In what the Golf Channel’s Brandel Chamblee called “the most shocking play I have seen in 2010,” Rickie Fowler decided to lay up on the par-5, 15th hole at TPC Scottsdale last Sunday. At that point, he was one stroke behind Hunter Mahan, the eventual champion. With 231 yards out, Fowler would have needed to hit about a 3 iron from the fairway and carry it 210 yards over the water. His two playing partners went for the green and they were further out than him. So, why on earth would the fearless 21-year-old Boy That Will Save the PGA Tour wearing neon orange pants take the safe approach?
I kind of told myself that I didn’t really want to go for it unless I had about a 5-iron in, which I would feel more comfortable hitting it to that pin with the pin being in the front. It’s not very wide. The miss right and the miss left, obviously there’s water, but missing the green right or left, the up-and-down wasn’t very easy. So I felt giving myself that wedge from the middle of the fairway was my best chance at making an easy birdie.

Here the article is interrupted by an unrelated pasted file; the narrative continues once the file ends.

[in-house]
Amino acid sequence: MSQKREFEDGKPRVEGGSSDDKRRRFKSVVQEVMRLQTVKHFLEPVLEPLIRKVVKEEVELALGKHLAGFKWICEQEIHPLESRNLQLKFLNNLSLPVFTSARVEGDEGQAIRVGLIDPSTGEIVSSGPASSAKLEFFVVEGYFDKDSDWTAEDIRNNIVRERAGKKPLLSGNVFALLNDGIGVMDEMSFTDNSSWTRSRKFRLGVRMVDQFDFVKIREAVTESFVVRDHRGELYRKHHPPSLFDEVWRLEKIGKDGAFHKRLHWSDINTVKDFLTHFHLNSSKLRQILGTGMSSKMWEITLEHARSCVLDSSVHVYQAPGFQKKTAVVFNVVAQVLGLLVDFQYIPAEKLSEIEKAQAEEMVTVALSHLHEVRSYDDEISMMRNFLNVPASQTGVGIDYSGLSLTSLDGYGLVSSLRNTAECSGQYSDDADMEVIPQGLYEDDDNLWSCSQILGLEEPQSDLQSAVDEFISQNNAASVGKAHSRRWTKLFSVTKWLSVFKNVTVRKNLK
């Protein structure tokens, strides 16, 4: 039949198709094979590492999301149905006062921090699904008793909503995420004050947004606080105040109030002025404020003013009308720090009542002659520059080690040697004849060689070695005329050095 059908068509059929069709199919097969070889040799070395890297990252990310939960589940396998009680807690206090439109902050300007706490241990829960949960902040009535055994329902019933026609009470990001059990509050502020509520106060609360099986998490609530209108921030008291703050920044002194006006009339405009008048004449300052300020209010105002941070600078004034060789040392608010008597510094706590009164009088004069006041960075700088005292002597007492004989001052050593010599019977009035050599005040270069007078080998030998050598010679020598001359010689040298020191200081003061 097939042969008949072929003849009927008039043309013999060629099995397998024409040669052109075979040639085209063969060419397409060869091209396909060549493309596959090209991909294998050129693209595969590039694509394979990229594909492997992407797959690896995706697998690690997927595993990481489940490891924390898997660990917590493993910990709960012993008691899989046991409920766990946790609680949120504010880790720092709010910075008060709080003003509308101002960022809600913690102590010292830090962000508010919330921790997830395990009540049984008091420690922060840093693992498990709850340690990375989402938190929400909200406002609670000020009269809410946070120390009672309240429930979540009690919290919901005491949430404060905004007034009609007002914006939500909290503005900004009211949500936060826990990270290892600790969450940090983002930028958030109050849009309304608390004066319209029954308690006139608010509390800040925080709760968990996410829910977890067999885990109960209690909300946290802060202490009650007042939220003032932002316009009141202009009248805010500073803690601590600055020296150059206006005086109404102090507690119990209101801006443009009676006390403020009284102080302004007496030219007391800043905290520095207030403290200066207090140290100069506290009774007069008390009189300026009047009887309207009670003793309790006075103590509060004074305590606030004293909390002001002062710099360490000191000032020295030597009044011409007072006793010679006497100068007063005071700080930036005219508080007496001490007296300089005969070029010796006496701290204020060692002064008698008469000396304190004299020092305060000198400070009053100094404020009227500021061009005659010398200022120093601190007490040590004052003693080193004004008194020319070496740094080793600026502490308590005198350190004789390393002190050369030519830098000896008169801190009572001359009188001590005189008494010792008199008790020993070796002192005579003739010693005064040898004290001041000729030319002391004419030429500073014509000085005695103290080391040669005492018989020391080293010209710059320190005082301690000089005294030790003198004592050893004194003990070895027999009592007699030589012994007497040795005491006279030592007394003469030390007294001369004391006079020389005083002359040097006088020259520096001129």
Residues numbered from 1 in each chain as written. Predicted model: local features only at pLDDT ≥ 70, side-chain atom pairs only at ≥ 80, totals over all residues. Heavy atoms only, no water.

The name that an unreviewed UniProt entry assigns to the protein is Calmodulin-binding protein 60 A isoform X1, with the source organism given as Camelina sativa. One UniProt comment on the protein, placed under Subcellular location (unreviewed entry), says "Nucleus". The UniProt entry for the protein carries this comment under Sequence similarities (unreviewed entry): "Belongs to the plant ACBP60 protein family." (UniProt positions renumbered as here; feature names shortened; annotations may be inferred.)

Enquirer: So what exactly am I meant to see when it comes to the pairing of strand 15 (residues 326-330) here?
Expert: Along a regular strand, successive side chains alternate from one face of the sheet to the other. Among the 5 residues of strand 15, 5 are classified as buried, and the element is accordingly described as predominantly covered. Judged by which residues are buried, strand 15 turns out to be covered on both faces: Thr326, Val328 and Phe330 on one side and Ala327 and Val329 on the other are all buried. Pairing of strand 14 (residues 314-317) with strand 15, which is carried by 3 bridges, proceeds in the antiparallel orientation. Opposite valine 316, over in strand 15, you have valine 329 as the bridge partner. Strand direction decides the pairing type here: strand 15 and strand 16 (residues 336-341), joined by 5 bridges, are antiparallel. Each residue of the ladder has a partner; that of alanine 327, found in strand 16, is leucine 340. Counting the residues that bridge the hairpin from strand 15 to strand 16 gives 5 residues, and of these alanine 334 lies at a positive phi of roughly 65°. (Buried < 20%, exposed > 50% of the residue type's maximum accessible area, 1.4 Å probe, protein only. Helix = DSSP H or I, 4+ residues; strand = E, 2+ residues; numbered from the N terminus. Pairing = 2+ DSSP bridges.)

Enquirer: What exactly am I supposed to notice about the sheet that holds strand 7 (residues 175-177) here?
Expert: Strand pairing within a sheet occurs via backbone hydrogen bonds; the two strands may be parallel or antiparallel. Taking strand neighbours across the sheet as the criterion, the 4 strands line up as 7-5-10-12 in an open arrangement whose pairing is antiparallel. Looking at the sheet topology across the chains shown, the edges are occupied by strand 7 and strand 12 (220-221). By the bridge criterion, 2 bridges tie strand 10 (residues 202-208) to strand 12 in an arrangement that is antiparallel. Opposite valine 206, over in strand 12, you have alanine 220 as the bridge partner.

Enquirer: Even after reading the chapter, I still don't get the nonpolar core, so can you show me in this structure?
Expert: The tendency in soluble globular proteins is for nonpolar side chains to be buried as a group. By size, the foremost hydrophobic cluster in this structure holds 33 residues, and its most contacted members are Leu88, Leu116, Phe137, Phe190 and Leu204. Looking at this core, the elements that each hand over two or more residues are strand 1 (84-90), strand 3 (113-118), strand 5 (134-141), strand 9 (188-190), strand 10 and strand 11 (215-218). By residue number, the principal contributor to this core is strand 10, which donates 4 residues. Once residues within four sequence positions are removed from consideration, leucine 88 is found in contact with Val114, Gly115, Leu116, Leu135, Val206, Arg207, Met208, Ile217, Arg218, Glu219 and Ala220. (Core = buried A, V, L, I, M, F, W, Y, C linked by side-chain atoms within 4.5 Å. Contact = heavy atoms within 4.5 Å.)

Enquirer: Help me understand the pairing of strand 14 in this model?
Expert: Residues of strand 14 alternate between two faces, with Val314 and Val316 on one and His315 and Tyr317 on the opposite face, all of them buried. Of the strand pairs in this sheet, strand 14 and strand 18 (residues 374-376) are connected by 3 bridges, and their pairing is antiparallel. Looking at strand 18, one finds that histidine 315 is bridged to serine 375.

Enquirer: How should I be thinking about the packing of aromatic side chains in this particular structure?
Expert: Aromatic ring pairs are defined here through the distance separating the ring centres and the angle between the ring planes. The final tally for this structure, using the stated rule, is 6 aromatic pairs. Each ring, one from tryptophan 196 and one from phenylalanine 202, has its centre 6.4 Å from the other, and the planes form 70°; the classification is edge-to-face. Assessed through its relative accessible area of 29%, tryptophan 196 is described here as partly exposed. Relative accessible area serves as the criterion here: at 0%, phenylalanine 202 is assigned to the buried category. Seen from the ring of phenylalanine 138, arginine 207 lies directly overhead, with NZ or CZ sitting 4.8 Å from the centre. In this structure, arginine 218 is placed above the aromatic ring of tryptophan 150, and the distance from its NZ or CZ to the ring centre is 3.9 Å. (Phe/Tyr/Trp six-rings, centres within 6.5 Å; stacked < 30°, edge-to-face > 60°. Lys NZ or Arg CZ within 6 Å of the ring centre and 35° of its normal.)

Now I hope he wasn’t thinking about actually hitting it in the water. And I really hope he wasn’t thinking about the difference between a second place paycheck and perhaps a third or fourth, as the Golf Channel commentators suggested. I’ll give him that it would have been a tough chip, but conditions were soft — he could have controlled it. Look at his approach on the 17th, where he had a tough pitch into the green and took a gutsy shot.
It’s hard to argue with Fowler’s explanation, but it seemed out of character for him to make the safe play. When Tim Clark laid up a few weeks ago at the Bob Hope, at least he stuck by his game plan. But Fowler? He’s the daredevil who used to perform all sorts of crazy tricks on a dirt bike.
Fowler is sticking to his guns about the decision. He’s even getting a little (gulp) defensive on Twitter (start from bottom):
If he had dunked it in the water, that would have been a straight-up choke. So I guess if he was even thinking that was an option, it’s a good thing he played it safe. His best club is a wedge and like he told the Golf Channel afterward, he wishes he could re-hit his approach shot, which spun a few feet off the green. No, it doesn’t make him a moron that he felt more comfortable hitting a little wedge from his best distance.
But would Tiger or Phil have laid up? They would have scoffed at the very thought.